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Egyptian artists, intellectuals join protest for Mursi’s ouster

Published: Updated:

Artists and Intellectuals in Egypt are joining anti-government protests that call for the toppling of the Islamist regime of President Mohammad Mursi for its crackdown on individual liberties.

Artists and intellectuals entered an increasingly volatile fray in May following the appointment of Islamist Culture Minister Alaa Abdulaziz and while protests against Abdulaziz have continued, their demands mirror those of the planned June 30 mass demonstrations, organized by opposition forces, that urge President Mursi to leave power.

Writers and artists view Abdulaziz's appointment, who is from the Islamist Arab Tawhid Party, as part of a new campaign to curb individual freedoms. They accuse the Muslim Brotherhood of “Islamizing” the country, particularly its cultural institutions.

Protests in front of the Ministry of Culture have been mobilized by leading Egyptian intellectuals, including novelists Baha Tahir and Yousef al-Qikaid, director Khaled Yousef, producer Mohammed al-Adel and famous actor Nabil al-Haflawi.

Qikaid, an award-winning novelist who was protesting in front of the ministry on Monday June 24, told Al Arabiya that while their initial demand was to end Abdulaziz’s tenure, they are now calling for the embattled president’s ouster.

“We changed our demands and want to see both Abdulaziz and Mursi go,” the novelist said while adding that the violence they witnessed from Islamists against their peaceful protests changed their stance.

Qikaid said violations against freedom of expression are ample and cited the Muslim Brotherhood’s banning of leftist Islamist thinker Hassan Hanafi’s latest book “Contemporary Islamic Studies” as an example. Hanafi was accused of propagating heresy in his publications. His books have previously been banned in Egypt and other Arab countries.

Egypt's biggest library

The protesters have also urged for an independent body to oversee the Egyptian National Library after Abdulaziz appointed yet another Islamist, Khaled Fahmy, to be the library's new head.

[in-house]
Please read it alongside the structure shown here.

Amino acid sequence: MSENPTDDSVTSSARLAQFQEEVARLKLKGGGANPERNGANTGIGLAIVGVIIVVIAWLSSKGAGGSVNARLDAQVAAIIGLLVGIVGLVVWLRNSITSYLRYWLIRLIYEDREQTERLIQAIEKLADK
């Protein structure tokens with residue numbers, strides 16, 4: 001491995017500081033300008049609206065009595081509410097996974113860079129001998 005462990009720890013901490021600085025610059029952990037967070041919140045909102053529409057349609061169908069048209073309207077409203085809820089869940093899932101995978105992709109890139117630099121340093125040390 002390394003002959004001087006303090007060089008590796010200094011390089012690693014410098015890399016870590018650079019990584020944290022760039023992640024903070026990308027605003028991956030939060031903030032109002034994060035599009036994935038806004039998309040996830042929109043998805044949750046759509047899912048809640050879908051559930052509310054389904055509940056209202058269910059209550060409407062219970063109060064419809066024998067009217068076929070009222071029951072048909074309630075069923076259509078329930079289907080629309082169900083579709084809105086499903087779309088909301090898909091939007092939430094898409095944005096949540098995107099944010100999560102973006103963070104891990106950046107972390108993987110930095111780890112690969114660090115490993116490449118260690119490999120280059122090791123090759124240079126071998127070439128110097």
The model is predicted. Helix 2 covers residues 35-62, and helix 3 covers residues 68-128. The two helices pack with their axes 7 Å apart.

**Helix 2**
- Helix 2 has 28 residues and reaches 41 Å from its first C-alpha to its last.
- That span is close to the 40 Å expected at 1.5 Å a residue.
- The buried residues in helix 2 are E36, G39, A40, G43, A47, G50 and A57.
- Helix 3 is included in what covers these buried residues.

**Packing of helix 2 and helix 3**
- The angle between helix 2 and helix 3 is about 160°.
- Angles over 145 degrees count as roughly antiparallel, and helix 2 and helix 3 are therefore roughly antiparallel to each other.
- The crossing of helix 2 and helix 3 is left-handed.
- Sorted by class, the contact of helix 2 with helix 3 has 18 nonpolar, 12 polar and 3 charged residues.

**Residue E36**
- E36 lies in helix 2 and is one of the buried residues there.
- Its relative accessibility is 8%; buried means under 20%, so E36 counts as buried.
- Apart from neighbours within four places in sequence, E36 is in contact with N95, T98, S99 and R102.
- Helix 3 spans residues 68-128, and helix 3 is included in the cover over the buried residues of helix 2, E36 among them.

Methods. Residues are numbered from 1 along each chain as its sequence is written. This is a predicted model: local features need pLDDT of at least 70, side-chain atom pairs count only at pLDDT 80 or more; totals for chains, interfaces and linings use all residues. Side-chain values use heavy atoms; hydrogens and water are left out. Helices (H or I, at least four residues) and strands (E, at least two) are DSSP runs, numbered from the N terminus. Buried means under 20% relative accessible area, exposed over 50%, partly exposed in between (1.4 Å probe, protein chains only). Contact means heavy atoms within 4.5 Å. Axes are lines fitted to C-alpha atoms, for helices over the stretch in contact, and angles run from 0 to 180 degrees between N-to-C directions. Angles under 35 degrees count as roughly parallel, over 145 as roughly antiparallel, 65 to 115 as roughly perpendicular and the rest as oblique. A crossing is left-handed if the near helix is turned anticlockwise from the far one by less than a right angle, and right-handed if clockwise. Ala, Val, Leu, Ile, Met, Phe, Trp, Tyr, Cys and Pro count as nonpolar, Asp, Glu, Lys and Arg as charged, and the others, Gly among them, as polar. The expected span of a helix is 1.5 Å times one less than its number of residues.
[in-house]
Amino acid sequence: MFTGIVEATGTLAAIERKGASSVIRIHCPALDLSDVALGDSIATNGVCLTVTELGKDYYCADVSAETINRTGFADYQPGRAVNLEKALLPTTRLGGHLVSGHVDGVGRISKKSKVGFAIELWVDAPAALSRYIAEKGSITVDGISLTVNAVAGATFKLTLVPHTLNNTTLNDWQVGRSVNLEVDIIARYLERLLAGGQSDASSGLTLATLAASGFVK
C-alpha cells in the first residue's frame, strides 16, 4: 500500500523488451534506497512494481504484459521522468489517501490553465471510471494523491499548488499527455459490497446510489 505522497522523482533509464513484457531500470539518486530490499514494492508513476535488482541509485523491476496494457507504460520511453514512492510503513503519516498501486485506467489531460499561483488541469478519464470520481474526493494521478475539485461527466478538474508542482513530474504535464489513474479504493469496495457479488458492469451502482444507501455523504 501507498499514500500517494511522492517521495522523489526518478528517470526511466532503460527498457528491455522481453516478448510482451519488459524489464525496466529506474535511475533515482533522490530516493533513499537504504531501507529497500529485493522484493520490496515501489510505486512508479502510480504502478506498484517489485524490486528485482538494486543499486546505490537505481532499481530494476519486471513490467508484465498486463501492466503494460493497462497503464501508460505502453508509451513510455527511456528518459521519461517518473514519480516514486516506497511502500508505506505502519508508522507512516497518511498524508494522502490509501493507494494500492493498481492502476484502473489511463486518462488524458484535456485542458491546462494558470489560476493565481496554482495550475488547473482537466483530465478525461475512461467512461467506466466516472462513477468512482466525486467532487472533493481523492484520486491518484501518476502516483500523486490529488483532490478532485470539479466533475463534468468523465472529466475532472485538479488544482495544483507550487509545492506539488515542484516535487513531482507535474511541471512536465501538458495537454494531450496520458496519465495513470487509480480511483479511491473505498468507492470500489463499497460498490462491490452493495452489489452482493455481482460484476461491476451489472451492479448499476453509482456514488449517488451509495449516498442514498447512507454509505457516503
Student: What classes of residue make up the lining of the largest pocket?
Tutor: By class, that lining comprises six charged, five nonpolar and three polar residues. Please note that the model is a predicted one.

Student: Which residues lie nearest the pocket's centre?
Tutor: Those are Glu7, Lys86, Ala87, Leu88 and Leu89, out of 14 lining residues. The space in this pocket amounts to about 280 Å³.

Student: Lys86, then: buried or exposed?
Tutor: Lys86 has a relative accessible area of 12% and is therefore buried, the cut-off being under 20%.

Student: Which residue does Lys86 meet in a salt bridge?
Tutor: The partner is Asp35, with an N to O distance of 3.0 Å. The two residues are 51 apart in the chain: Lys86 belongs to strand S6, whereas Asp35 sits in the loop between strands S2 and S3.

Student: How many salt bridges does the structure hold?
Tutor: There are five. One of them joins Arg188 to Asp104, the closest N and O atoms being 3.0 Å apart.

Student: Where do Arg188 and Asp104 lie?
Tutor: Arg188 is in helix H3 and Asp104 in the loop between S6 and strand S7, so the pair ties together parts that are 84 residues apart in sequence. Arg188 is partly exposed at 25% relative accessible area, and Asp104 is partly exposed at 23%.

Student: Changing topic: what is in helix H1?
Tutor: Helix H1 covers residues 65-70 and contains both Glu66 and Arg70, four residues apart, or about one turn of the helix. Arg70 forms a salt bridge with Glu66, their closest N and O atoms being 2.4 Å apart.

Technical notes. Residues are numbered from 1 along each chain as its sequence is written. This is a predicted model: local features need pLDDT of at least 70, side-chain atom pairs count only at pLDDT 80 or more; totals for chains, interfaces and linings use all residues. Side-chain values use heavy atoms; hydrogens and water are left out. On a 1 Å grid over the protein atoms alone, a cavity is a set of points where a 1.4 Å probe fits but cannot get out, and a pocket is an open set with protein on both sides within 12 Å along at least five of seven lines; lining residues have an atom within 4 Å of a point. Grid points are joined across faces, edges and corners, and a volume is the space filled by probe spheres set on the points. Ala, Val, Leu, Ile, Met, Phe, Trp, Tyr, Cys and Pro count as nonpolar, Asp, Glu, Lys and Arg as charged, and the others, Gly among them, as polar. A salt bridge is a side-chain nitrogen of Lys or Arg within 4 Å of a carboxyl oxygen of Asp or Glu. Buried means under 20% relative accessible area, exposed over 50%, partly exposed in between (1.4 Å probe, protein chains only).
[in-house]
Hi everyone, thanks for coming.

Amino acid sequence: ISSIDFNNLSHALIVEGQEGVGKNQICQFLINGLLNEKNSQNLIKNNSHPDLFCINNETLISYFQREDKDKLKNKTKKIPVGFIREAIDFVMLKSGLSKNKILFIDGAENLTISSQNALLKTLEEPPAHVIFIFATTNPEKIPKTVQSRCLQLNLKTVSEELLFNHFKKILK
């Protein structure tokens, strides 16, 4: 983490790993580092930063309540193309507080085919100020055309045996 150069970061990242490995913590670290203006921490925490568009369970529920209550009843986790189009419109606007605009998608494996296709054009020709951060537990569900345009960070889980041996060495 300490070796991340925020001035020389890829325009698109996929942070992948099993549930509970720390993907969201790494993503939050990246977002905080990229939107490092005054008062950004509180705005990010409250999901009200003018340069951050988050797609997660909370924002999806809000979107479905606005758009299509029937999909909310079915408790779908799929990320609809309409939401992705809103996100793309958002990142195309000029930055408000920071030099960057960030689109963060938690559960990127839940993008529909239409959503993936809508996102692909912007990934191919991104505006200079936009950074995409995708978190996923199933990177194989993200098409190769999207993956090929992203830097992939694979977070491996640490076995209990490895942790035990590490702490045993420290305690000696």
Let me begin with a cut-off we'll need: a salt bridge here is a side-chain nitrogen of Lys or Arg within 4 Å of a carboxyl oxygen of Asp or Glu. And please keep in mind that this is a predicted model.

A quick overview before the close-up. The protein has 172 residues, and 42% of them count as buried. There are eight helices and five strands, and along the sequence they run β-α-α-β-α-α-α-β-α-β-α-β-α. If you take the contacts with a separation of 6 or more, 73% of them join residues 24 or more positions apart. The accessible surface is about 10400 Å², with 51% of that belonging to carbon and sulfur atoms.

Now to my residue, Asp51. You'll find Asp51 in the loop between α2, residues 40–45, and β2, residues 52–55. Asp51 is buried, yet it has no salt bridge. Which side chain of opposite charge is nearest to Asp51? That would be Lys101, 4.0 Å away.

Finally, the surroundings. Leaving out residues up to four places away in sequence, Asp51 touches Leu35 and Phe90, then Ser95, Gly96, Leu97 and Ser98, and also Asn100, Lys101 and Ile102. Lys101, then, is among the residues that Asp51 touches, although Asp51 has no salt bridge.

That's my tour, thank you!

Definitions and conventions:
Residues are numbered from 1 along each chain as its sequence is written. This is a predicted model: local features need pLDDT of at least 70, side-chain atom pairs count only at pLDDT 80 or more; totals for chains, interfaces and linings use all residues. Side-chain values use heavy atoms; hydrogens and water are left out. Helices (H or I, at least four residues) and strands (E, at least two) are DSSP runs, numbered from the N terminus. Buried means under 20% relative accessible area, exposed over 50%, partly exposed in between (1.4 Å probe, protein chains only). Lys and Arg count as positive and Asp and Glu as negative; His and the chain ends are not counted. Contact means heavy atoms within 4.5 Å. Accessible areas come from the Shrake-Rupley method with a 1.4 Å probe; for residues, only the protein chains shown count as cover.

The library is Egypt’s biggest and houses archives including sensitive information about the Muslim Brotherhood since their inception as a movement.

"The Islamists want to control the library to seize important information about the Muslim Brotherhood," Qikaid said.

Protests exaggerated?

Meanwhile, Islamists said the upcoming anti-government protests are greatly exaggerated and an excuse by secular forces to vilify Islamists.

“The Islamists don’t have the stick to beat whoever violates morality,” said Magdy Hussein, head of the Egyptian Labor Party, whose slogan is “Islam is the solution.”

“The protests lack rationality and reveal the polarization of Egyptian society. They were against Mursi since the first day of his inauguration as president,” he added.

According to Hussein, intellectuals’ anger increased when Culture Minister Alaa Abdulaziz launched an anti-corruption campaign, which cost the ministry a lot of money.

“The opera house head receives a lot of money, despite attendees to the opera being extremely small in number. Writers and poets receive large amounts of money with no calculation. To publish a couple of hundred copies of their books, some writers receive enough money for tens of thousands of books,” Hussein said while accusing protesters of fearing the loss of their influence.